TOWNSHIP 11 RANGE 10, Maine — Three men attempting a nearly 300-mile snowmobile trip from Piscataquis County to Aroostook on Monday were rescued by the Maine Warden Service after their machines became bogged down in deep snow on unplowed logging roads.
Cpl. John MacDonald of the warden service said Tuesday that the incident took place after the trio set out to ride from Guilford to Fort Kent.
According to MacDonald, Craig Lemieux, 41, of Parkman, Chad Jones, 31, of North Yarmouth and 22-year-old Tobey Cleaves of Sangerville experienced mechanical trouble with one of the sleds near Farrar Pond in remote northern Maine.
They attempted to break a trail out to American Realty Road but failed when the two working machines became stuck in approximately four feet of snow.
The group used a satellite phone to tell a friend that they needed assistance, according to MacDonald.
Warden Sgt. Durward Humphrey and wardens Preston Pomerleau, David Milligan and Andrew Smart located the group.
MacDonald said Tuesday that the men became separated, with Jones and Cleaves traveling together. The pair had some supplies but did not have snowshoes, he said, making trekking through the deep snow difficult. It took Jones and Cleaves five hours to travel approximately half a mile out to American Realty Road, where they were picked up.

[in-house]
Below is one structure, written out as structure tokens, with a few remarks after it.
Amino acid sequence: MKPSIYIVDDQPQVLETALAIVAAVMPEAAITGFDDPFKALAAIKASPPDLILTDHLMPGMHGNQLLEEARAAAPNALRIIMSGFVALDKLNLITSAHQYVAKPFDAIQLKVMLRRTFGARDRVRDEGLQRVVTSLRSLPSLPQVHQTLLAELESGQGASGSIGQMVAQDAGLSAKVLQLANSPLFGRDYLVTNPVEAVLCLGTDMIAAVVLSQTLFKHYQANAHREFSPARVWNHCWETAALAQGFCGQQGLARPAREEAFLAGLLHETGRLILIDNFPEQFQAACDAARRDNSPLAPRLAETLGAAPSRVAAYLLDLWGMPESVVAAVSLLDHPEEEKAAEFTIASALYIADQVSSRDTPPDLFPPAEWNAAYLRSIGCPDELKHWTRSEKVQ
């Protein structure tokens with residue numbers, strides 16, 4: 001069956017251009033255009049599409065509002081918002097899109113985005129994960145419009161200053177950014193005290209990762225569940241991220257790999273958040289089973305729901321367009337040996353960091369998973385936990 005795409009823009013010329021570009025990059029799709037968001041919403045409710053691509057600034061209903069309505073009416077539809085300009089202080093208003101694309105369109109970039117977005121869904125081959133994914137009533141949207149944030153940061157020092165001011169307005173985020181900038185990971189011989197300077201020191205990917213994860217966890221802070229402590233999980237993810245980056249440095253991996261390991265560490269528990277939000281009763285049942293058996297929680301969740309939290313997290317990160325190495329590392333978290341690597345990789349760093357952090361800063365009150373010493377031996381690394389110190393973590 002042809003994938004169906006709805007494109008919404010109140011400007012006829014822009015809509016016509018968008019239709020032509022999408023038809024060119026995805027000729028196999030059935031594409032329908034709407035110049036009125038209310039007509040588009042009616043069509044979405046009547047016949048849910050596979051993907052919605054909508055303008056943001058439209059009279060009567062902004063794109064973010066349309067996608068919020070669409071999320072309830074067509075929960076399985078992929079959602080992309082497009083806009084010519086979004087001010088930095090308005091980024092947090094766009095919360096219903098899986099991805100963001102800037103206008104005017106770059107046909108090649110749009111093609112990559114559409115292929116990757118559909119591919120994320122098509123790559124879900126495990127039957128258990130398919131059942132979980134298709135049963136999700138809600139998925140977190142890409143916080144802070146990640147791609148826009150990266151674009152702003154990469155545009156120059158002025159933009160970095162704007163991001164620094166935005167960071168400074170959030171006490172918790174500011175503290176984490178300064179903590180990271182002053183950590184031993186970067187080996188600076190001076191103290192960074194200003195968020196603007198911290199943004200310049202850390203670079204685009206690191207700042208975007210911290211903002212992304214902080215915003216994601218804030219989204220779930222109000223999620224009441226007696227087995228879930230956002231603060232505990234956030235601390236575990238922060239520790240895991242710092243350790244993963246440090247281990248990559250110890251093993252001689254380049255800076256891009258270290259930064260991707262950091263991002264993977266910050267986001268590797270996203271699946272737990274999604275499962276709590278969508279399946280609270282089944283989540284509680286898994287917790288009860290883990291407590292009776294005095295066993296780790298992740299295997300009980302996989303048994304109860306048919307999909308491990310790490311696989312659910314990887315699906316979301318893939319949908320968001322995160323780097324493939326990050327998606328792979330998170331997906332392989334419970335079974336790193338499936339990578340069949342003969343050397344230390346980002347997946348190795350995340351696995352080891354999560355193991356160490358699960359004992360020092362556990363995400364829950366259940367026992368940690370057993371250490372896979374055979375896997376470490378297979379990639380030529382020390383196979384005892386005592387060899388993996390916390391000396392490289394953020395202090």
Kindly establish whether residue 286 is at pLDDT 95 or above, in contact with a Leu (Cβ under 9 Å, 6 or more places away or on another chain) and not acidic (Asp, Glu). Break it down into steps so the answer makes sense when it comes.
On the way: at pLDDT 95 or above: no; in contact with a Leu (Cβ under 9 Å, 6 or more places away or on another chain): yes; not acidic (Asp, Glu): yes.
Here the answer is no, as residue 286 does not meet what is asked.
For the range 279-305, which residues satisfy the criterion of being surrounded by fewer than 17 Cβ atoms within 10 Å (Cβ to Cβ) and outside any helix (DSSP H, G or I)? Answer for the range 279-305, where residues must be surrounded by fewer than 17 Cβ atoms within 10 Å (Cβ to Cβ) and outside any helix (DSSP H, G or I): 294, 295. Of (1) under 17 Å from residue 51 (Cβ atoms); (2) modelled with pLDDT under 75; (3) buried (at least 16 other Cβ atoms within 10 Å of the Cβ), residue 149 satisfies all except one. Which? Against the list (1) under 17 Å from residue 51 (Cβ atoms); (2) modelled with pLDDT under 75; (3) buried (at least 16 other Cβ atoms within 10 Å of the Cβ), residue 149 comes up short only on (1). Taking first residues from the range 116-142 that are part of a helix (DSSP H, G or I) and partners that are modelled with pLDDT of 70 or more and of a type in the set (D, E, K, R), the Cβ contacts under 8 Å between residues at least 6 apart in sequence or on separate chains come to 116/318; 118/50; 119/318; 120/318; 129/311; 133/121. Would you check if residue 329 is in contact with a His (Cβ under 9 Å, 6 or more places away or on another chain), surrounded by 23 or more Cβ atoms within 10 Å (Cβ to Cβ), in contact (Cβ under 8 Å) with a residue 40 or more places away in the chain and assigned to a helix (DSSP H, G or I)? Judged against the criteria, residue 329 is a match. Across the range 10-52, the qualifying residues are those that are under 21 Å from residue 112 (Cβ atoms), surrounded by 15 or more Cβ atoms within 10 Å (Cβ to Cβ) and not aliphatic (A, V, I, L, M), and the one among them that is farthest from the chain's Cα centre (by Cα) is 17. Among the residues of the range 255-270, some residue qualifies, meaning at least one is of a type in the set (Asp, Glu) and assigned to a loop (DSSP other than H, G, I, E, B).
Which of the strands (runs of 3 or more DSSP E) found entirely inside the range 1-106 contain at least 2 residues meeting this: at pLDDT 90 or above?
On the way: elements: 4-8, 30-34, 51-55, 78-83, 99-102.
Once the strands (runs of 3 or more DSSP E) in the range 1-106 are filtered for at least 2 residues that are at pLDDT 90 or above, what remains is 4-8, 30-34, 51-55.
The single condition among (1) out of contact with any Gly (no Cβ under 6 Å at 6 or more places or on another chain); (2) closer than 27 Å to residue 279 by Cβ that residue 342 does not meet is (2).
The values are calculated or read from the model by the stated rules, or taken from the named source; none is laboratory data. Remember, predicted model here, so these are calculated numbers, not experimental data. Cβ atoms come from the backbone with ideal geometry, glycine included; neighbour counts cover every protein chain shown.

Lemieux was found with his disabled snowmobile, according to MacDonald, and was able to start a fire for warmth.
Lt. Tom Ward of the Warden Service said that wardens are seeing more and more people engaging in what he called “extreme types of snowmobiling” in northern Maine.
“Folks make annual treks through the deepest, most remote part of the county and it’s not uncommon to get a couple of these rescue calls each winter,” he said in a written statement. “These men would have definitely had an uncomfortable night as temperatures plunged into the single digits and we received another three inches of snow.
“I want to remind extreme-type snowmobilers to be prepared and demonstrate good, sound judgment before attempting a trip like this as four wardens and a lot of resources were tied up making sure these men were brought out to safety,” he said, “Every time I send wardens out for these calls, there is a risk factor involved due to the harsh conditions.”
He urged sledders to watch the weather forecast, prepare for emergencies and tell someone where they will be sledding.